Protect Your Kids from Cyberbullies

Protect Your Kids from CyberbulliesCyberbullies

With the new school year under way, it is important to talk with your kids about the dangers of cyberbullying. Both adults and children spend a great deal of free time online via smart phones, tablets and home computers. Cyberbullying presents a threat to their emotional and social well being. Social networking has magnified the effects of online bullying, particularly for teens. It is important to recognize that cyberbullying is not simply ‘kids being kids’ but rather a real danger with extreme consequences for both the bullies, the bullied and parents.

  • Identify Problems – Identifying cyberbullying is particularly difficult with teens who may be more tech savvy than their parents and more reluctant to share the details of their social life. Talk to your kids about their online activities and what to do if they are bullied online. Also, look out for warning signs, such as unwillingness to discuss online activities, nervousness, difficulty sleeping, weight change and withdrawing from school or social activities.
  • Understand the Methods – Cyberbullies may use some or all of these methods, which include:
    • Harassment – Repeatedly sending threats or other offensive material to one or more victims is harassment. Harassment may involve cyberstalking, where the bully locates email accounts, home addresses and phone numbers they can use to threaten or harass victims.
    • Flaming – Flaming is the act of taunting the victim to respond. This is often done publicly to shame the victim for cowardice if they fail to respond or further mock them if they do.
    • Exclusion – Exclusion is the act of blocking or freezing someone out of a social group. For many teens this act can be very traumatic. Other types of harassment may spring out of exclusion.
    • Impersonation (a.k.a. Masquerading) – Bullies often use false or misleading online identities to post hurtful information on message boards or social networks. They may use fake email addresses or user accounts to send messages after a previous account is blocked.
    • Outing – Outing involves the bully publishing personal or private details about the victim publicly or within a social circle. This can be anything from a personal secret to explicit photographs. Bullies may even pose as a love interest in order to provoke the victim into sharing embarrassing personal information. Once shared online, information may spread quickly throughout the teen’s school and social circle.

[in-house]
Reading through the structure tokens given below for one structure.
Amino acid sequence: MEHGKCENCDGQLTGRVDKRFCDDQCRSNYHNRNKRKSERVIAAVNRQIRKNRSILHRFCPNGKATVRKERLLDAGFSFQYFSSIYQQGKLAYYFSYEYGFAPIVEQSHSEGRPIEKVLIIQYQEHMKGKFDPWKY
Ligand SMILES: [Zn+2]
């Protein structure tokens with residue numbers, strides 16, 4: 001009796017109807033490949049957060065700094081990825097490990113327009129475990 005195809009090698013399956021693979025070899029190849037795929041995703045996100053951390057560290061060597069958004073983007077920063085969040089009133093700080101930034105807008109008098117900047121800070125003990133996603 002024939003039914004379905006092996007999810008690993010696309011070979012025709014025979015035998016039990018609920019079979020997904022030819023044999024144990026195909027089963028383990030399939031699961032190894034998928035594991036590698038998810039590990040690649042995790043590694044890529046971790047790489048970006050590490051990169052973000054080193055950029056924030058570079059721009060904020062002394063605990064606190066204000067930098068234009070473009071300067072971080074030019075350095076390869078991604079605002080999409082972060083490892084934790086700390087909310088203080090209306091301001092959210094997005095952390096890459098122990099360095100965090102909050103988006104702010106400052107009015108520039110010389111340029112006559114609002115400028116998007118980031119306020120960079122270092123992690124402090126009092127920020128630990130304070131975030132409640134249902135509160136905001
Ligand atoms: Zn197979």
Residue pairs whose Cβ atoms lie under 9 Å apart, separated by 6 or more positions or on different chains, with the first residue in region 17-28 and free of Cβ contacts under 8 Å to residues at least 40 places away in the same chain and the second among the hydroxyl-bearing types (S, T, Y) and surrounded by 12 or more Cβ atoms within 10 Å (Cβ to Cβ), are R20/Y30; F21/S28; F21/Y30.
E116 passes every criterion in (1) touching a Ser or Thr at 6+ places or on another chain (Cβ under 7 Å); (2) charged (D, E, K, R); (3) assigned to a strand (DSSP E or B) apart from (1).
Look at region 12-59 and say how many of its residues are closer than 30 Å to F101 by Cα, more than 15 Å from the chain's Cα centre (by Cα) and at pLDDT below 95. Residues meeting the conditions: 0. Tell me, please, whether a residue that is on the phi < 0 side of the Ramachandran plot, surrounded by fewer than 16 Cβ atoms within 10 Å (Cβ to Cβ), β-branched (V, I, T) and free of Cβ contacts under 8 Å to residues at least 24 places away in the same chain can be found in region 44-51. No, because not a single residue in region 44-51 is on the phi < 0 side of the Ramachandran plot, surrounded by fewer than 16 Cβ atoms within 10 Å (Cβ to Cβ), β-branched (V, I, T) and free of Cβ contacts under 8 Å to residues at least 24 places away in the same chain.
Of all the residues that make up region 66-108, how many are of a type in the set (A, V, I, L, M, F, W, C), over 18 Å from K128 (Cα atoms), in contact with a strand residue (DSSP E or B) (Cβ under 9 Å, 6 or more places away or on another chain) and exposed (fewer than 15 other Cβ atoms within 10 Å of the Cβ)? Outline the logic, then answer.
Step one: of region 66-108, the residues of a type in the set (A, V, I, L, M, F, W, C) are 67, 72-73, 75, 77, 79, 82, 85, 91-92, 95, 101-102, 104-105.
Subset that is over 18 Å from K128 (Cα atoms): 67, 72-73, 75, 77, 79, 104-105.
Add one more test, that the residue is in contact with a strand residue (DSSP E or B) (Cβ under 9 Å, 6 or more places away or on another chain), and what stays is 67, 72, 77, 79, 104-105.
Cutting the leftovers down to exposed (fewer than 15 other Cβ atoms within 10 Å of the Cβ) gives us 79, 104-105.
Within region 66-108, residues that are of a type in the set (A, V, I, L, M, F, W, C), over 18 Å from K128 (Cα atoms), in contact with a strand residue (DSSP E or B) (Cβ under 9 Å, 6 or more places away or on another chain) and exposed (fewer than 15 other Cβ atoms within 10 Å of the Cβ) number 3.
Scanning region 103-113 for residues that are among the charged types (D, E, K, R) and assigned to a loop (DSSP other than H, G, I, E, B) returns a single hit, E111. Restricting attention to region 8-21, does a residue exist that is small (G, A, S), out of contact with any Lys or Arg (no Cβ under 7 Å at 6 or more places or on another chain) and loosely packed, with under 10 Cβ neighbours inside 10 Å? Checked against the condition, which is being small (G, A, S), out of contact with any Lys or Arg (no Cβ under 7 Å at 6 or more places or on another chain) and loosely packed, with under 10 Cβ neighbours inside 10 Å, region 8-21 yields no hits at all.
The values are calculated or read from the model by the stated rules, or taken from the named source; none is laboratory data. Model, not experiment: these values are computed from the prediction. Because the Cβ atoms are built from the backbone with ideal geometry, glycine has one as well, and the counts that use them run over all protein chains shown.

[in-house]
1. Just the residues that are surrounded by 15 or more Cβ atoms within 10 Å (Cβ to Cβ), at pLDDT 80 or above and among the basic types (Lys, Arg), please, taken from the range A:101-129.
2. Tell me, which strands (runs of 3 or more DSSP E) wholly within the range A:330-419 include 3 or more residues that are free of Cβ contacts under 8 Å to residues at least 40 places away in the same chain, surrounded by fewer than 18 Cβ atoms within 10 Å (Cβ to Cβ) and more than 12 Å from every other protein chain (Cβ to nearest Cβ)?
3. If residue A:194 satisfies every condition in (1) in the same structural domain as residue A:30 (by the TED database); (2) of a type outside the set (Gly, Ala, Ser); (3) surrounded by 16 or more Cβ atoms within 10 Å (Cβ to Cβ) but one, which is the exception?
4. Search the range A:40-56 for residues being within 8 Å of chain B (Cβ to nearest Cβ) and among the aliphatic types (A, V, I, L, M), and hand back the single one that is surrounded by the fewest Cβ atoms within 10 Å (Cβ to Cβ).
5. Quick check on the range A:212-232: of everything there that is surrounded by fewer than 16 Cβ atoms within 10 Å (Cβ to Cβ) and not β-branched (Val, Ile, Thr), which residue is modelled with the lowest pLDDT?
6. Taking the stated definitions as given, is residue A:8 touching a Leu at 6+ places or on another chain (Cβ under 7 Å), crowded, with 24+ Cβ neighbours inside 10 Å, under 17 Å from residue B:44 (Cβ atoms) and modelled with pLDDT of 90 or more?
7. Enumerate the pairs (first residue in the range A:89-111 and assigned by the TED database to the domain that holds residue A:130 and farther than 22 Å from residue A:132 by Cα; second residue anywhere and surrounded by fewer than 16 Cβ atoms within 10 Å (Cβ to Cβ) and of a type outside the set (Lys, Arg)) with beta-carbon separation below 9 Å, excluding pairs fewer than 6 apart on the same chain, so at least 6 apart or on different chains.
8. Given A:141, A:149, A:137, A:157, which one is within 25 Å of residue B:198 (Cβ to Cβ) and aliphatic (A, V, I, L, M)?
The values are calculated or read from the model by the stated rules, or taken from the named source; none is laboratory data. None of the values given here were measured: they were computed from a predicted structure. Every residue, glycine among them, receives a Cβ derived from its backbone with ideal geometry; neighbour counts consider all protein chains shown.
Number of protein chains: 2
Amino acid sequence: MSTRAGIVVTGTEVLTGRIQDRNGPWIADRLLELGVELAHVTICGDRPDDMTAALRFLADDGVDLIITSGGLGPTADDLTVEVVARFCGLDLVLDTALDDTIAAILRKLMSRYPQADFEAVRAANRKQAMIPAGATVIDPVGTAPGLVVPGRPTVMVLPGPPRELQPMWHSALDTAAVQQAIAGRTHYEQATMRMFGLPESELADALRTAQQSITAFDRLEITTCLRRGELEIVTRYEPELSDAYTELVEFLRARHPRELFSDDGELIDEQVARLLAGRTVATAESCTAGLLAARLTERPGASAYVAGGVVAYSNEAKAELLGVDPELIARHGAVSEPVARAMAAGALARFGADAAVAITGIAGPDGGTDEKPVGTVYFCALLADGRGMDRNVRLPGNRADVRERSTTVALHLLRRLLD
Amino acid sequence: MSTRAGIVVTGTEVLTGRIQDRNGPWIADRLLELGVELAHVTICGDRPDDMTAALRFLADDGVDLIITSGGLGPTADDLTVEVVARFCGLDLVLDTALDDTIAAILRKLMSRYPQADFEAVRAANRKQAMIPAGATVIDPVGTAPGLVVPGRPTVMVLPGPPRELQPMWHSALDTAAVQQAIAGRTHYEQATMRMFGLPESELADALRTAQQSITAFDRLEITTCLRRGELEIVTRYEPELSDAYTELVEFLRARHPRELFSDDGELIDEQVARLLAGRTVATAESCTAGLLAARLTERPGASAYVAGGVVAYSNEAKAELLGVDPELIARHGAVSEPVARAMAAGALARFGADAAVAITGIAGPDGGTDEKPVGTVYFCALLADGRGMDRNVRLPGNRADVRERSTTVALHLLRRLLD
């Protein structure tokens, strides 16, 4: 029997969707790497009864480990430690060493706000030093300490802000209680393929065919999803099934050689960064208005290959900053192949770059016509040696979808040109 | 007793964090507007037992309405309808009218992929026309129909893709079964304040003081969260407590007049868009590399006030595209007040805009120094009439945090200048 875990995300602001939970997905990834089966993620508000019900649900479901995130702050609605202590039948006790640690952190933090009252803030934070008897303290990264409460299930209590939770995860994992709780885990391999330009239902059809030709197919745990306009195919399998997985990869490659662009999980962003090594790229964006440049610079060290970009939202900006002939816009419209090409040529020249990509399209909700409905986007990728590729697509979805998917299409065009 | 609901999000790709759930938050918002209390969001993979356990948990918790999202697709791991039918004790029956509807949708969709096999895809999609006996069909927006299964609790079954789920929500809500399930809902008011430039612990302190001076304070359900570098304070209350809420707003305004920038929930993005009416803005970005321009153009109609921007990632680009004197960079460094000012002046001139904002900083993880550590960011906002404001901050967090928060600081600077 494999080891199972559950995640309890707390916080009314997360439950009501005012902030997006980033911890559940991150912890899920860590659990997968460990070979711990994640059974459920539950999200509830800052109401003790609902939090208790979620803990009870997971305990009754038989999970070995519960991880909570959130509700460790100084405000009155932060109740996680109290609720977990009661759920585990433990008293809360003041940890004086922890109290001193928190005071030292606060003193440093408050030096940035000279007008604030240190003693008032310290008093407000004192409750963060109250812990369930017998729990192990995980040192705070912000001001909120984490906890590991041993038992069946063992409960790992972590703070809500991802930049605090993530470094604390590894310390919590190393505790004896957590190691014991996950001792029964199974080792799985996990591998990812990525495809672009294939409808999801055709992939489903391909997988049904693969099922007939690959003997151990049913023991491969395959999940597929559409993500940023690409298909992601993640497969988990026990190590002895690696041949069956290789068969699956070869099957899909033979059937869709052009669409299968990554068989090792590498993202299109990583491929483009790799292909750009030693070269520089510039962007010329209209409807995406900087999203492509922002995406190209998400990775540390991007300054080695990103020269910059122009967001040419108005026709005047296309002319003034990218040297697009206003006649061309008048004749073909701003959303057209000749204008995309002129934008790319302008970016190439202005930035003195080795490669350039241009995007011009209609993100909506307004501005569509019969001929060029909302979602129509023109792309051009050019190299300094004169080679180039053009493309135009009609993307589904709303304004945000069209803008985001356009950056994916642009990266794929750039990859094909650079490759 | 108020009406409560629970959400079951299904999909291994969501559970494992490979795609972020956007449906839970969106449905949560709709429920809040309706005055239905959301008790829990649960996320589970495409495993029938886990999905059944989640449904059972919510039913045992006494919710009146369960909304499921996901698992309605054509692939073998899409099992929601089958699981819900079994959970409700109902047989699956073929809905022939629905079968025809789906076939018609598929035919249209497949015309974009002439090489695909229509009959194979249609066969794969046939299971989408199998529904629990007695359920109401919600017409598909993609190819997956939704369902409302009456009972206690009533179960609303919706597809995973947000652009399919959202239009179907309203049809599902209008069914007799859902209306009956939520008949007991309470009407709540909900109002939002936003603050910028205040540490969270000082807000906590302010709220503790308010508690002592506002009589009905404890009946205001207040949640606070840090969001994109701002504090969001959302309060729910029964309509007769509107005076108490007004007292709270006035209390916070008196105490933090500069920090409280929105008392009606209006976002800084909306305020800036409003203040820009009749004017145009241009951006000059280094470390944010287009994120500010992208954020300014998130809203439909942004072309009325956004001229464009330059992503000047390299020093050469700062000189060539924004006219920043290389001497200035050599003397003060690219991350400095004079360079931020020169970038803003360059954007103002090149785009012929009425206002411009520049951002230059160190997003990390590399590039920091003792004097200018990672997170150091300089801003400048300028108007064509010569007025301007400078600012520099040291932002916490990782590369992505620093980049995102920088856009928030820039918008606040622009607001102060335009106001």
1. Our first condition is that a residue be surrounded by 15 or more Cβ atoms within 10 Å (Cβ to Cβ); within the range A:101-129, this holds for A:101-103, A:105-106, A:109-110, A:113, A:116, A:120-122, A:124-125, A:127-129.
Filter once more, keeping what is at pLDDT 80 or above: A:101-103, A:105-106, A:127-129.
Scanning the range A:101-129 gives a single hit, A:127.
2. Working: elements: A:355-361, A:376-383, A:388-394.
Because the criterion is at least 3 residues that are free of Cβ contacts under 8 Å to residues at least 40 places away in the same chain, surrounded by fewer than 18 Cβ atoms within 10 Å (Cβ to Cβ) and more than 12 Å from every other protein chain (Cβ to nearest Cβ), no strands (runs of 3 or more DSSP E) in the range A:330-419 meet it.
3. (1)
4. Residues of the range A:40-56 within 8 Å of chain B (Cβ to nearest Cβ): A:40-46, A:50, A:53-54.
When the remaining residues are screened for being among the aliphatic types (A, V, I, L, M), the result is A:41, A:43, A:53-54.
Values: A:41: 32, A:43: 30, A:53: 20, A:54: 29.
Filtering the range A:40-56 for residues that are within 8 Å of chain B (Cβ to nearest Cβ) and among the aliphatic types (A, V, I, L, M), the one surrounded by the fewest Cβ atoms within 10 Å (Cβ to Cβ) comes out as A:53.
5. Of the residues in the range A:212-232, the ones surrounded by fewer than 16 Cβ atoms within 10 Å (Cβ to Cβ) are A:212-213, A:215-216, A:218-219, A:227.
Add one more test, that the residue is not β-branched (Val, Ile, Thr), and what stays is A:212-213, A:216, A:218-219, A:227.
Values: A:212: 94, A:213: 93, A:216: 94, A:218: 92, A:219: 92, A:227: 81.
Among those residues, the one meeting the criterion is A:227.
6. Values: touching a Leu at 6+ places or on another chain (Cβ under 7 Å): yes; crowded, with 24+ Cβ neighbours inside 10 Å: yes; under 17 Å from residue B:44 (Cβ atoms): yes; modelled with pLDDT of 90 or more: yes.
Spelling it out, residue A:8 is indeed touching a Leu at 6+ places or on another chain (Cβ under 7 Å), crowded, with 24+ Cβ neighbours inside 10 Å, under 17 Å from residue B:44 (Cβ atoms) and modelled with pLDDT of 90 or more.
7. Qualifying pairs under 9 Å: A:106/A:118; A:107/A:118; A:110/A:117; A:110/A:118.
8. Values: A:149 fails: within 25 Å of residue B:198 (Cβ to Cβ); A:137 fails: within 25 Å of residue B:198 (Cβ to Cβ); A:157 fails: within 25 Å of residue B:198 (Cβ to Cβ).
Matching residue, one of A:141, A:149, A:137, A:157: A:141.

• Ignore the Bully – Avoid engaging directly with the bully to stop the behavior. Someone engaged in online bullying is KeepCalmLegalShieldunlikely to be swayed by reason. Cyberbullies crave a response to taunts and insults. Teach your kids that responding in any way will open the floodgates for additional bullying. In some cases, ignoring the behavior may cut things off before they get worse.
  • Save Evidence – Saving evidence of abuse and bullying will help you report the issue to the necessary parties. Save emails, images and chat records. Take screenshots of things posted online so the bully cannot delete them in an effort to cover his or her tracks.
  • Report Bullying – If the perpetrator is a minor you may try reaching out to a parent or guardian to intervene in the matter. Many parents are surprised to learn that their children are bullying and will help intervene. If the bully attends your child’s school, discuss the matter with an administrator or counselor. Some schools have guidelines for dealing with cyberbullies and preventing escalation. File formal complaints with websites and the phone and Internet providers to block the bully. In many cases the terms of service prohibit harassment and the bully may be banned from the site or blocked by his or her Internet service provider.
  • Report Illegal Behavior to the Police – While cyberbullying is relatively new and the law has not always been quick to respond, some localities have established laws to penalize cyberbullys. Threats of violence and the posting of pornographic images, particularly those involving minors, are against the law and should be immediately reported to the authorities. If you need to find out more about the law where you live call your LegalShield provider law firm and speak with an attorney.
  • Level the Playing Field of Injustice – If your child is the target of cyberbullys, then you are just one phone call away from getting it stopped! For less than $20 per month, you and your family will have an entire law firm on your side. Visit www.joncannon.co to learn more about LegalShield.

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